All our Fresh Prime Beef is Dry Aged for at least 21 to 30 days and sometimes longer to allow enzymes naturally present in the meat to break down the muscle tissue, resulting in improved texture and a robust flavor. The process of Dry-aged beef is to exposed the fresh prime beef to air so dehydration can further concentrate the meat’s flavor. It’s a more expensive process because the meat loses weight from dehydration, and it also must be trimmed of its completely dried exterior. Since the early 1900’s the Ottomanelli family has been providing Dry Aged Prime Beef to its customers.
 

Dry-aged beef process

Dry-aged beef is beef that has been hung or placed on a rack to dry for several weeks. After the animal is slaughtered and cleaned, it is hung as a full or half carcass. Primal (large distinct sections) or sub primal cuts, such as strip loins, rib eyes, and sirloin, are placed in a refrigerator unit, also known as a "hot box". This process involves considerable expense, as the beef must be stored near freezing temperatures. Subprimal cuts can be dry aged on racks either in specially climate-controlled coolers or within a moisture-permeable drybag. Moreover, only the higher grades of meat can be dry aged, as the process requires meat with a large, evenly distributed fat content. Because of this, dry-aged beef is seldom available outside of steak restaurants and upscale butcher shops or groceries. The key effect of dry aging is the concentration and saturation of the natural flavour, as well as the tenderization of the meat texture.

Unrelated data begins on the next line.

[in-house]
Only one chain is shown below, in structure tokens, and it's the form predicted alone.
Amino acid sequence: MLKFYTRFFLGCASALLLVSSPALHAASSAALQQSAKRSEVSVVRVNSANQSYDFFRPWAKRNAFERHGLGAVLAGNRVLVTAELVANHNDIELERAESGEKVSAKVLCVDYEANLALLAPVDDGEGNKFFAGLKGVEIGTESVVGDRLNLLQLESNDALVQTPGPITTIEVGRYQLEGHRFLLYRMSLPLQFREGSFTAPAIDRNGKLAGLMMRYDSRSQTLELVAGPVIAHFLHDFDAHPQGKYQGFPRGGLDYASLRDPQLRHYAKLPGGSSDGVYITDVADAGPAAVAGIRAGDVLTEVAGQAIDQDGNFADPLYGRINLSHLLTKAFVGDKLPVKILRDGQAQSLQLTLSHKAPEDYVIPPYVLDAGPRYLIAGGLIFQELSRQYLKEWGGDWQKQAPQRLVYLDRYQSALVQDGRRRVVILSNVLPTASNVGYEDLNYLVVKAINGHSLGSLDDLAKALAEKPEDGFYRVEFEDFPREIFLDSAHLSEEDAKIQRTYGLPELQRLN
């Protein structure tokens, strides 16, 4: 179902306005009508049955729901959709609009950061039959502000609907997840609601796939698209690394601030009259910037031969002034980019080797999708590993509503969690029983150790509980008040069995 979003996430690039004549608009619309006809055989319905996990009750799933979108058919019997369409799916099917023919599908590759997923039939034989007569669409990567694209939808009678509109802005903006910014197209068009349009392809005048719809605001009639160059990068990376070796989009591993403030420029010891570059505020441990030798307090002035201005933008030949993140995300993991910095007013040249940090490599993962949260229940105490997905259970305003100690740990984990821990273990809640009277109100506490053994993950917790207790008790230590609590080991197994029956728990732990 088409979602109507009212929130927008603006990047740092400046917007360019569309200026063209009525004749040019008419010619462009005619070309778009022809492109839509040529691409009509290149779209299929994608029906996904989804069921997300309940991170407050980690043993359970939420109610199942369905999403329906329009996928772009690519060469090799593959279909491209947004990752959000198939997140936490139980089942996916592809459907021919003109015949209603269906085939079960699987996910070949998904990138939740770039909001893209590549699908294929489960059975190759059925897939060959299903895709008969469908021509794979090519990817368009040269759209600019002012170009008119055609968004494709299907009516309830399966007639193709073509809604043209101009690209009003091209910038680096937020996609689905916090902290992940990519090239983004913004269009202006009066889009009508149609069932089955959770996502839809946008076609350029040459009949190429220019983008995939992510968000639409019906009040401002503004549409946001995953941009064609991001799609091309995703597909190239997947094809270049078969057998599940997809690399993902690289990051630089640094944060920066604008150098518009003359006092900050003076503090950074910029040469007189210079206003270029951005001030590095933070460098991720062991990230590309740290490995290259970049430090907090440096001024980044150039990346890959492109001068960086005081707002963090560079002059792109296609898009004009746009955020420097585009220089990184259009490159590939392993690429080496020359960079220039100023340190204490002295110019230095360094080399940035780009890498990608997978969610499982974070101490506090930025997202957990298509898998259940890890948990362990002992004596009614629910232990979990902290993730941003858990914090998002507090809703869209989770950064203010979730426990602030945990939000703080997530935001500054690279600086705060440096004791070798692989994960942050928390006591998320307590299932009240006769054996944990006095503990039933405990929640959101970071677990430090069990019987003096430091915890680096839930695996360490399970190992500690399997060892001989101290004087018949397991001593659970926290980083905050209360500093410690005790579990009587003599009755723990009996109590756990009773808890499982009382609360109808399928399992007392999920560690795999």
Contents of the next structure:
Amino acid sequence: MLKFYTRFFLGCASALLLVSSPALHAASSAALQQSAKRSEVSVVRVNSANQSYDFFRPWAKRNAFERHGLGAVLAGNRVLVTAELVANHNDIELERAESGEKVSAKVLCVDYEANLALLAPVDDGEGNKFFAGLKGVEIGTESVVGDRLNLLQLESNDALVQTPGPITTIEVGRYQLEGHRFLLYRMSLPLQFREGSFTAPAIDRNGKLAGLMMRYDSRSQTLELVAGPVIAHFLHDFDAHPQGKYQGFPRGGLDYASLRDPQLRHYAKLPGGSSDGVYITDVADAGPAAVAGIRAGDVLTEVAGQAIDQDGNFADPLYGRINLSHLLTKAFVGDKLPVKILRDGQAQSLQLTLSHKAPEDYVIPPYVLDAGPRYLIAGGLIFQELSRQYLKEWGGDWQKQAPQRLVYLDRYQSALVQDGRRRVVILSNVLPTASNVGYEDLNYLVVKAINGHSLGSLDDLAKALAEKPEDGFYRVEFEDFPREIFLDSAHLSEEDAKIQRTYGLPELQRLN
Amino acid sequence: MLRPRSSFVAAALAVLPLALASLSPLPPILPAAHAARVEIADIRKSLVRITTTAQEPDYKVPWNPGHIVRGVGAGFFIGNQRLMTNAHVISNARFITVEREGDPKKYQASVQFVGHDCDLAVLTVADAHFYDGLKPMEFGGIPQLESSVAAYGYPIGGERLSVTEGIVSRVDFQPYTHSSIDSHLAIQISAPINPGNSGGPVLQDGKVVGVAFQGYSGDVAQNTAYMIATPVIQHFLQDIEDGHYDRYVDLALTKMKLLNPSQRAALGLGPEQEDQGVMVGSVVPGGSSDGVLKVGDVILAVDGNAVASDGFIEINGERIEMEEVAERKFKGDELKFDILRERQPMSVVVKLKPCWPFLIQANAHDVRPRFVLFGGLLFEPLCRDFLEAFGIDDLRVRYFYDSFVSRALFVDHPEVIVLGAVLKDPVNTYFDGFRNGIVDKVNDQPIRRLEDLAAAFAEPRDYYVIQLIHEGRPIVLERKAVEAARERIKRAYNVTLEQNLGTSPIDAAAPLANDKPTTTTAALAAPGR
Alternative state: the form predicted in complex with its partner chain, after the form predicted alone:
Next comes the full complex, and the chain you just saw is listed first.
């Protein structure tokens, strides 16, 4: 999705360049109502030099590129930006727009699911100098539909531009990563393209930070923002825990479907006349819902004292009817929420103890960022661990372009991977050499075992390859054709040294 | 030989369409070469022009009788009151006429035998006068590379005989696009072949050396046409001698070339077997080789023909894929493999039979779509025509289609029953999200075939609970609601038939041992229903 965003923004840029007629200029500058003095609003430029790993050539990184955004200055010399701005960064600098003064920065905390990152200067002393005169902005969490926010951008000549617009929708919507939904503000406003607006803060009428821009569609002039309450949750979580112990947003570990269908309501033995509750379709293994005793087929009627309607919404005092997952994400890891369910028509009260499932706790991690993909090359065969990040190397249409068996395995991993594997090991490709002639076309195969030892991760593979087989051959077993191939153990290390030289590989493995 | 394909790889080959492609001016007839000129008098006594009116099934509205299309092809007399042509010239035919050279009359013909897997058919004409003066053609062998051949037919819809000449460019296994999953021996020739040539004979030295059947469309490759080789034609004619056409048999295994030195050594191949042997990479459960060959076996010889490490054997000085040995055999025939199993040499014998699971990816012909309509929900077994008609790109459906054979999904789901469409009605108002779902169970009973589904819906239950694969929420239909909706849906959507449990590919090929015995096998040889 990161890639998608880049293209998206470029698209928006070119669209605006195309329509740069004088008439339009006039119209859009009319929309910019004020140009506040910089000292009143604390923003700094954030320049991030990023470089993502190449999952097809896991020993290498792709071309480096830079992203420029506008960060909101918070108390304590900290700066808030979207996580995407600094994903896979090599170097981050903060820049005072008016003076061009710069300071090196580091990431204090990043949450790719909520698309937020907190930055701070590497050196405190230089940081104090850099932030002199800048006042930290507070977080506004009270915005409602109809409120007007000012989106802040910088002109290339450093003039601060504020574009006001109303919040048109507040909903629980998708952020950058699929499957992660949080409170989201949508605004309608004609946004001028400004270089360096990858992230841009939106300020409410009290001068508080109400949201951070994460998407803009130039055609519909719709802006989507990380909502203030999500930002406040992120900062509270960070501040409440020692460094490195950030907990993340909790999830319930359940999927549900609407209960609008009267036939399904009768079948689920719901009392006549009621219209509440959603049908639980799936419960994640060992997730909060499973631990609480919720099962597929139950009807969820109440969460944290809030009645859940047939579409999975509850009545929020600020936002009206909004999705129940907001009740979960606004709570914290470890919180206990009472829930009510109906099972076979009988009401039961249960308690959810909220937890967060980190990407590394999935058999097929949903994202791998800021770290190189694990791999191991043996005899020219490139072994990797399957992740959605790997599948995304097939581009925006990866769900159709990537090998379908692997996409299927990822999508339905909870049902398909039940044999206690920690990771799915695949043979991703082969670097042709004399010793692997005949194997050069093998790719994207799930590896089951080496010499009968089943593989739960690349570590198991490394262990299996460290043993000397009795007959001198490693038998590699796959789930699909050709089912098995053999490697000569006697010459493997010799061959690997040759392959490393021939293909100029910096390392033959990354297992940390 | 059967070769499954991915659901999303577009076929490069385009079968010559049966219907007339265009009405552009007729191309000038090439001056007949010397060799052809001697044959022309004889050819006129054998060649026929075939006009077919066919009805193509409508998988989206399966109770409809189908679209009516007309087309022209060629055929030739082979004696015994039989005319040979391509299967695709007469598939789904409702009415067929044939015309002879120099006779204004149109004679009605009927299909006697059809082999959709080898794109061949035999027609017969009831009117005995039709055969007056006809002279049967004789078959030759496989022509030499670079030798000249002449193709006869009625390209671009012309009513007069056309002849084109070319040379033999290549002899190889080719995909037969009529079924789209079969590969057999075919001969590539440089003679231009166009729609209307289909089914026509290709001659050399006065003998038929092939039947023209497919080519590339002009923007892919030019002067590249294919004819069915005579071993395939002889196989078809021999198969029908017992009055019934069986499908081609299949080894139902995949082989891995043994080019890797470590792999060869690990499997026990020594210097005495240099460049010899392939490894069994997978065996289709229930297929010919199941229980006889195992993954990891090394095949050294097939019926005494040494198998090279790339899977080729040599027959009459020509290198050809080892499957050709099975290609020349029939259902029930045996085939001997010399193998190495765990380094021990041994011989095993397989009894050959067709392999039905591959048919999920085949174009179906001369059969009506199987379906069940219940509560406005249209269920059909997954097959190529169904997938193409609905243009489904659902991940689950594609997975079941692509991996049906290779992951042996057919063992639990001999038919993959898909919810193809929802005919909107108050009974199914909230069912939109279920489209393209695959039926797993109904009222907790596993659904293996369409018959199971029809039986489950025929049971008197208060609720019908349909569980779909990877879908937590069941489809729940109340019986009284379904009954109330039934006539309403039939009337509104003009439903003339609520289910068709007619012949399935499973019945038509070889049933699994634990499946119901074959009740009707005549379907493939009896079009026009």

The process changes beef by two means. Firstly, moisture is evaporated from the muscle. The resulting process of desiccation creates a greater concentration of beef flavour and taste. Secondly, the beef’s natural enzymes break down the connective tissue in the muscle, which leads to more tender beef.

The process of dry-aging usually also promotes growth of certain fungal (mold) species on the external surface of the meat. This does not cause spoilage, but actually forms an external "crust" on the meat's surface, which is trimmed off when the meat is prepared for cooking. These fungal species complement the natural enzymes in the beef by helping to tenderize and increase the flavor of the meat. The genus Thamnidium, in particular, is known to produce collagenolytic enzymes which greatly contribute to the tenderness and flavor of dry-aged meat.

Dry-aged beef is typically not sold by most supermarkets in the U.S. today, because it takes time and there is a significant loss of weight during the aging process. Dry-aging can take from 15 to 28 days, and typically up to a third or more of the weight is lost as moisture. This type of beef is served in higher-priced steakhouses and by select restaurants. Dry-aging can be done at home under refrigeration by three means: open air, with the presence of salt blocks, and with the use of a moisture permeable drybag to protect the meat while it is aging.

When dry aging using a moisture permeable material, surface mold growth is not present, flavor and scent exchange within the refrigerated environment is not a concern, and trim loss of the outer hardened surface is measurably reduced. The flavor and texture profile of the beef is similar on all dimensions to the traditional open air dry-aged results.